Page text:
As a school principal, I continually strive to create a learning environment in which teachers, parents, and students are inspired and supported to do their best. By such conventional standards as steadily improving test scores, my school, Fairview Elementary in Modesto, California, has succeeded in this goal. Still, I often felt that something was missing -- that we weren't going beyond the black-and-white metrics of grades to create better and more productive citizens.
A couple years ago, however, when Fairview became a First Amendment School, its culture and, by extension, my life as a principal transformed significantly. The First Amendment Schools initiative is a national effort to educate the whole student, emphasizing that the study and exploration of free-expression issues is the cornerstone of American democracy and that understanding them is essential for citizenship in a diverse society. These constitutional principles, including freedom of speech, the press, and religion, and the right to assemble and to petition the government, are fundamental and inalienable. As educators, we want our students to realize that they're part of a bigger picture and that all Americans have a civic responsibility to guard these rights for every citizen.
We at Fairview learned about the First Amendment Schools program from our district superintendent, James Enochs. He thought the initiative was a great complement to the Modesto City School District's Safe Schools Project (which teaches civic responsibility as a way of creating more respectful learning environments) and urged principals to consider writing a grant to participate in the pilot project. My first reaction was that of a harried school principal: Thinking it was simply more work, I threw the application in the garbage can. As I thought more about the mission of the First Amendment Schools project, however, I pulled the paperwork out of the trash and began assembling a team to help write the grant [see "Money (That's What I Want),"]. In May 2002, our grant was selected, and Fairview became one of the country's initial eleven First Amendment Schools.
Down With Ravioli!
Initially, teachers were unsure how to integrate the First Amendment Schools' civic mission into the curriculum. Fortunately, a new civic-education scope and sequence for California classrooms, developed by the Center for Civic Education, helped focus our efforts. Now Fairview teachers weave civics lessons into their K-5 standards, creating engaging and relevant lessons for their students.
Our kindergartners, for example, learn to share, to develop and follow classroom rules, and to explore the history of Independence Day. Likewise, second graders learn about individual rights and actions. Activities typically combine multiple subject areas, so students are building, say, literacy or math skills while learning valuable lessons about life in a democracy.
Fairview fourth graders put these lessons to practical use during the last school year when they petitioned school administrators to improve their lunch choices. After complaining for several months about the ravioli served on Thursday in the school cafeteria, they decided to do something about it. They surveyed the students and determined that most of them didn't like the pasta. The fourth graders then drafted a petition and secured 775 signatures in favor of getting rid of the "cursed raviolis." Working with their teacher, they then wrote a persuasive argument for changing the menu and sent letters detailing their request to the district's food-service director, who came to campus and met with the fourth graders to discuss the issue. Their efforts were successful: Fairview students now enjoy macaroni and cheese for lunch on Thursday, not ravioli.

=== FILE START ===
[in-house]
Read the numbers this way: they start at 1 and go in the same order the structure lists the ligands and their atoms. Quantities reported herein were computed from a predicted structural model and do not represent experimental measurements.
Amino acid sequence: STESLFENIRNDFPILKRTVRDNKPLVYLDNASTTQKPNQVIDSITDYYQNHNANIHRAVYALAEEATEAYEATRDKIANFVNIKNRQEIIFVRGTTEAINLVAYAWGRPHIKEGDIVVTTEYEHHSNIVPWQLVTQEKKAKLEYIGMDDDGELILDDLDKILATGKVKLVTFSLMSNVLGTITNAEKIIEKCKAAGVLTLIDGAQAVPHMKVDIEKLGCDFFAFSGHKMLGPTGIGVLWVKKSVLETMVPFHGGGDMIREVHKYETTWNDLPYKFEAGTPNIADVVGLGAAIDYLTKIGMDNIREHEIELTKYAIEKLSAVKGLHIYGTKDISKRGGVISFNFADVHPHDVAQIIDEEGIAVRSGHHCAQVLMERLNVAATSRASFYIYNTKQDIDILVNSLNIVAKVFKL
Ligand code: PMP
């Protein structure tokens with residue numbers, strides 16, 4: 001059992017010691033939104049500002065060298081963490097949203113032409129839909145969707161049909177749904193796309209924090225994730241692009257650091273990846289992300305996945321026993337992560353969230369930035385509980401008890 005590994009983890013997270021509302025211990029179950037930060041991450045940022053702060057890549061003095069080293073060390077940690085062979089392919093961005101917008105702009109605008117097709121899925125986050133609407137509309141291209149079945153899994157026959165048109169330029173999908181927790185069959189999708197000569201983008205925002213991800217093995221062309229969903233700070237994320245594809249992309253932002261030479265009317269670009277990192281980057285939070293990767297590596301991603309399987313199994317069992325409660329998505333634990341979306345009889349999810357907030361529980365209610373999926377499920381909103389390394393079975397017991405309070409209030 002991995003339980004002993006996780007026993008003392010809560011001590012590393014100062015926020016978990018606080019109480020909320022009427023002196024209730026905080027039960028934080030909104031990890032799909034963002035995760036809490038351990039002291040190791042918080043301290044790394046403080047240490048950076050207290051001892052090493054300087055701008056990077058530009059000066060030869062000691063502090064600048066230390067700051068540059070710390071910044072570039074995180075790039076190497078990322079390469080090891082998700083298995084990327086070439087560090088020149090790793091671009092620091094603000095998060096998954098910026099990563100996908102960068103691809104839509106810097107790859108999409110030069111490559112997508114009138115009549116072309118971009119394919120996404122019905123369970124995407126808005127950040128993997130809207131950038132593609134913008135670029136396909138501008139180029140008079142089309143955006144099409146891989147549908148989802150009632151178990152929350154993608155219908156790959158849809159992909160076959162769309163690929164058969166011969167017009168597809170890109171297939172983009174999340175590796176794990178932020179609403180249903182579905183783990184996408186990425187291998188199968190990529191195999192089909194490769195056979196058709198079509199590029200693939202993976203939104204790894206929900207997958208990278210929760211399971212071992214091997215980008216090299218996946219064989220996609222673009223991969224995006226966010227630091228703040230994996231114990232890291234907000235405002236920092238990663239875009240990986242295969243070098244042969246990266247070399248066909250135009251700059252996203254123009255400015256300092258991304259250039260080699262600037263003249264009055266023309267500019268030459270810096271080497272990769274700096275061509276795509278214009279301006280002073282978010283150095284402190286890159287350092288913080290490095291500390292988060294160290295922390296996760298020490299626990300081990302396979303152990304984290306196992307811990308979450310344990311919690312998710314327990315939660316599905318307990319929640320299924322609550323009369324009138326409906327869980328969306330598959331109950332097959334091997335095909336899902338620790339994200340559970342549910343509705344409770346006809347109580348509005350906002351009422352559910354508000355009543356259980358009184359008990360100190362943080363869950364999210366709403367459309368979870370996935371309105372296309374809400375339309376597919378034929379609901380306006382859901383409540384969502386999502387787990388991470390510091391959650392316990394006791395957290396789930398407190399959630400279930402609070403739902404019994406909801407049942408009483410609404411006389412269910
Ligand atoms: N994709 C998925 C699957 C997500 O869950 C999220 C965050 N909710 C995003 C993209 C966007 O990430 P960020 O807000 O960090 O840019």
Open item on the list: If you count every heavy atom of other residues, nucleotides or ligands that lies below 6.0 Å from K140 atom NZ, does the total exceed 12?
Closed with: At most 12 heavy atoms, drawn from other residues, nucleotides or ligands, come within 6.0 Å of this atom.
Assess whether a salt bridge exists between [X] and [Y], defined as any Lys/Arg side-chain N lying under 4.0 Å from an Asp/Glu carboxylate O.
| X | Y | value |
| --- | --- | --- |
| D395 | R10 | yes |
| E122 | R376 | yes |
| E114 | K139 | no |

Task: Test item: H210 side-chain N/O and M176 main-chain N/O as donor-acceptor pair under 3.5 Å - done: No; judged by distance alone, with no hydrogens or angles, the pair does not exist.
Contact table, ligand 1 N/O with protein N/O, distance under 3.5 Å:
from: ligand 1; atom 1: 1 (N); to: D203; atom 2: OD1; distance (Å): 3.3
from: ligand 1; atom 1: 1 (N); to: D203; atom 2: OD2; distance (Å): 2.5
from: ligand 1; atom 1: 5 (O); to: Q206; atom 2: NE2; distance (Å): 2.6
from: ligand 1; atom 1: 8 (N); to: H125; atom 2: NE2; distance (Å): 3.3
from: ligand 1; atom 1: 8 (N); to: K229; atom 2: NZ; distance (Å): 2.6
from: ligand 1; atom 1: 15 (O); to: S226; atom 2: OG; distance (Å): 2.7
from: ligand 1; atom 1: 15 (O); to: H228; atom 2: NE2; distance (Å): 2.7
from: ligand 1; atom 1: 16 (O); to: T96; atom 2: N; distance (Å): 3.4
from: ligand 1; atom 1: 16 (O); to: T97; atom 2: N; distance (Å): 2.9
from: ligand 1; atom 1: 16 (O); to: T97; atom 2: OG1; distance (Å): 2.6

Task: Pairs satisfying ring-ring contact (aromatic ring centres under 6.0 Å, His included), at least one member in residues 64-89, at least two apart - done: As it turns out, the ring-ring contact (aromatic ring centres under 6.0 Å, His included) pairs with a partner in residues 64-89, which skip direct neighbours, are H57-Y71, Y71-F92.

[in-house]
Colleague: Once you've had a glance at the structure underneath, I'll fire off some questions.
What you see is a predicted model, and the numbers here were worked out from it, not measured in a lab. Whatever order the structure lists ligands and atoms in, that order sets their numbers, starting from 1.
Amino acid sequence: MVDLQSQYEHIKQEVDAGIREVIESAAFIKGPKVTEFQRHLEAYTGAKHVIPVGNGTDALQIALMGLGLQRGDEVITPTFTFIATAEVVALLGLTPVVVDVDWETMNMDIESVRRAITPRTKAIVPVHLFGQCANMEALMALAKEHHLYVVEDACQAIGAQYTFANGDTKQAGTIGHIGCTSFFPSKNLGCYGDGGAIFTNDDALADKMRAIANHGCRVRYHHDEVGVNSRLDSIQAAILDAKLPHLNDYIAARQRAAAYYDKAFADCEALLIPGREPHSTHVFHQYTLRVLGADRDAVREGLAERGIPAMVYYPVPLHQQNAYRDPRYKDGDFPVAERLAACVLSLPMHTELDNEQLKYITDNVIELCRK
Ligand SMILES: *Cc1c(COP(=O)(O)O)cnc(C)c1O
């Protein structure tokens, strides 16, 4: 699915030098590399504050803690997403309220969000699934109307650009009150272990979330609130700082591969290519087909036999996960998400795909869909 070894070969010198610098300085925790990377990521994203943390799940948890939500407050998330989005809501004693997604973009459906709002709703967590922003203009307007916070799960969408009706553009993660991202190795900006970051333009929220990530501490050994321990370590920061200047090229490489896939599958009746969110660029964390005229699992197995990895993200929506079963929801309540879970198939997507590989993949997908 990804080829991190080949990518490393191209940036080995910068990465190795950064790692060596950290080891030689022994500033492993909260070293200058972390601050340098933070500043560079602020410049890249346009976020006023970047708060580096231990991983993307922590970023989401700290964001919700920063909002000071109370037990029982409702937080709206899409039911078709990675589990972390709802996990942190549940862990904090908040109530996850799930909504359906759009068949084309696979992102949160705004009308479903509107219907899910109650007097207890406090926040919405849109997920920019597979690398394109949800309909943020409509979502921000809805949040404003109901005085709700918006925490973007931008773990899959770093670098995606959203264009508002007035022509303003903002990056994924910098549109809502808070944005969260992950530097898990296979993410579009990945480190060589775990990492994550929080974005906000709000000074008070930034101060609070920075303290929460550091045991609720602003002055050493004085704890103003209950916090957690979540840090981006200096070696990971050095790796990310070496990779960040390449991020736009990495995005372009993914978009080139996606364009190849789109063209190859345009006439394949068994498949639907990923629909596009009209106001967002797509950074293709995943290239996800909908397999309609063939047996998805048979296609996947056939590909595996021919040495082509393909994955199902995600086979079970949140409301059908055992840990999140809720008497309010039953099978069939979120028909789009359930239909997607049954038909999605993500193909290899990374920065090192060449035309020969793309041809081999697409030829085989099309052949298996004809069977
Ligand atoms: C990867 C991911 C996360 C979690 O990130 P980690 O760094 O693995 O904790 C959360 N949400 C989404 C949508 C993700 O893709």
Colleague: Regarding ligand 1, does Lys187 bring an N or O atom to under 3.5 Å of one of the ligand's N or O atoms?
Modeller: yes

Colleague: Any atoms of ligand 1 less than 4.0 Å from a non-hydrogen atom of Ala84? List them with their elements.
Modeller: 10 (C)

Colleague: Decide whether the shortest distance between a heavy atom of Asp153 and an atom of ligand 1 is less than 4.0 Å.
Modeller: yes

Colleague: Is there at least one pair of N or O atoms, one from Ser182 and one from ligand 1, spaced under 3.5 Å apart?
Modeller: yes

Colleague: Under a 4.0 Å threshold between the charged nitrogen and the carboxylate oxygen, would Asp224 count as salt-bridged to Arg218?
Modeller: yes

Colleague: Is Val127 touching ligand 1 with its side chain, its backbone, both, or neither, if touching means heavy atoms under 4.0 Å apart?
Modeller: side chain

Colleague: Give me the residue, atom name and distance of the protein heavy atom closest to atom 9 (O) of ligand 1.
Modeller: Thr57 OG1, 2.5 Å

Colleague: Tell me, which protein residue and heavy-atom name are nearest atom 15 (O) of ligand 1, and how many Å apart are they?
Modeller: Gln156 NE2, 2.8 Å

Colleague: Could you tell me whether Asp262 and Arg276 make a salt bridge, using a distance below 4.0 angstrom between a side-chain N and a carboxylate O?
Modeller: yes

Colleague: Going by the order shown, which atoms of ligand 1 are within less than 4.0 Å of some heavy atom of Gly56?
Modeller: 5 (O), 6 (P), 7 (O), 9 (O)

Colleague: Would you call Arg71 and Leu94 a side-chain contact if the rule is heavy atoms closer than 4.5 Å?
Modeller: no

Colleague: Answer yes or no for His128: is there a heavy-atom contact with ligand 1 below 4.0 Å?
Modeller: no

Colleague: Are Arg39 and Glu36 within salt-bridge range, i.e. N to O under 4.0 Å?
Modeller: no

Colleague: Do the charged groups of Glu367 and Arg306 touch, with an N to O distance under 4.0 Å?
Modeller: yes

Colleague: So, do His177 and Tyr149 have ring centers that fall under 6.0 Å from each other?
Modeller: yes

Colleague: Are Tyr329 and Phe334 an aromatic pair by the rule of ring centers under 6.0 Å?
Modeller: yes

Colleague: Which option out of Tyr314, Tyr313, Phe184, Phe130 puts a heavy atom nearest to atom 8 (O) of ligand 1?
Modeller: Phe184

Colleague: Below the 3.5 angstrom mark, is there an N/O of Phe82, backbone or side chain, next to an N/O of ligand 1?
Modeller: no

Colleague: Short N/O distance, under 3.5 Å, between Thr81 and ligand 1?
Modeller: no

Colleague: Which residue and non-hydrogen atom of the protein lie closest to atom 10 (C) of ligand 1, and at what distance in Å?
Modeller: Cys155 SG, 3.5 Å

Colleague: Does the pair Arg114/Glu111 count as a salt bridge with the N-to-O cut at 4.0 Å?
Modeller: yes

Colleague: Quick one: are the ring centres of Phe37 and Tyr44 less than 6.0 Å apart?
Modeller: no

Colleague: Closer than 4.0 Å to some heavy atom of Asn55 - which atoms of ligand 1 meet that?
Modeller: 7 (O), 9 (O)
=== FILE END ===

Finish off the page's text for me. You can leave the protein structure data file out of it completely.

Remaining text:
Si Se Puede!
Our mostly Spanish-speaking parents, too, have discovered the power of civic engagement. In the past, many parents avoided school; they were uncomfortable with the language and cultural barriers, and, as a staff, we didn't do enough to reach out and make them feel welcome. That has changed, however, as we have become more conscious of the importance of hearing all voices in a school community. Today our Latino parents' group, called Padres Con Voz (Parents With a Voice), meets once a month to discuss concerns, ask questions, and make suggestions.
With these changes has come a new mission statement for Fairview: Sí se puede! . . . Yes we can! Crafted with the involvement of teachers, parents, and students, it supports academic achievement based on values, confidence, and respect, and it emphasizes the importance and value of a schoolwide civic spirit.
Fairview Elementary School is a much different place today than it was when we signed on to the First Amendment Schools program. Being jolted into understanding the five freedoms and creating a laboratory in which to practice them changes the way people listen to one another and the way they treat and respect one another. Our schoolwide culture is based now on a respect for differences and a commitment to helping all students become successful, informed adults. Our civic purpose drives our daily work and desire to improve how we teach.
I have never enjoyed my job more than I do right now. I've seen students at my school become engaged and excited. I've watched as parents have become eager, active participants in their children's education. And I've seen teachers reach to new heights as they explore new practices and create curriculum that is engaging, relevant, and infused with a larger purpose.
In the course of all these changes, our test scores have improved, too. When you create an environment in which children understand and feel good about their purpose, things change. Our students are happy, they are achieving, and they understand there is a greater meaning to school than simply getting good grades. You need to become a good member of your community and society as well.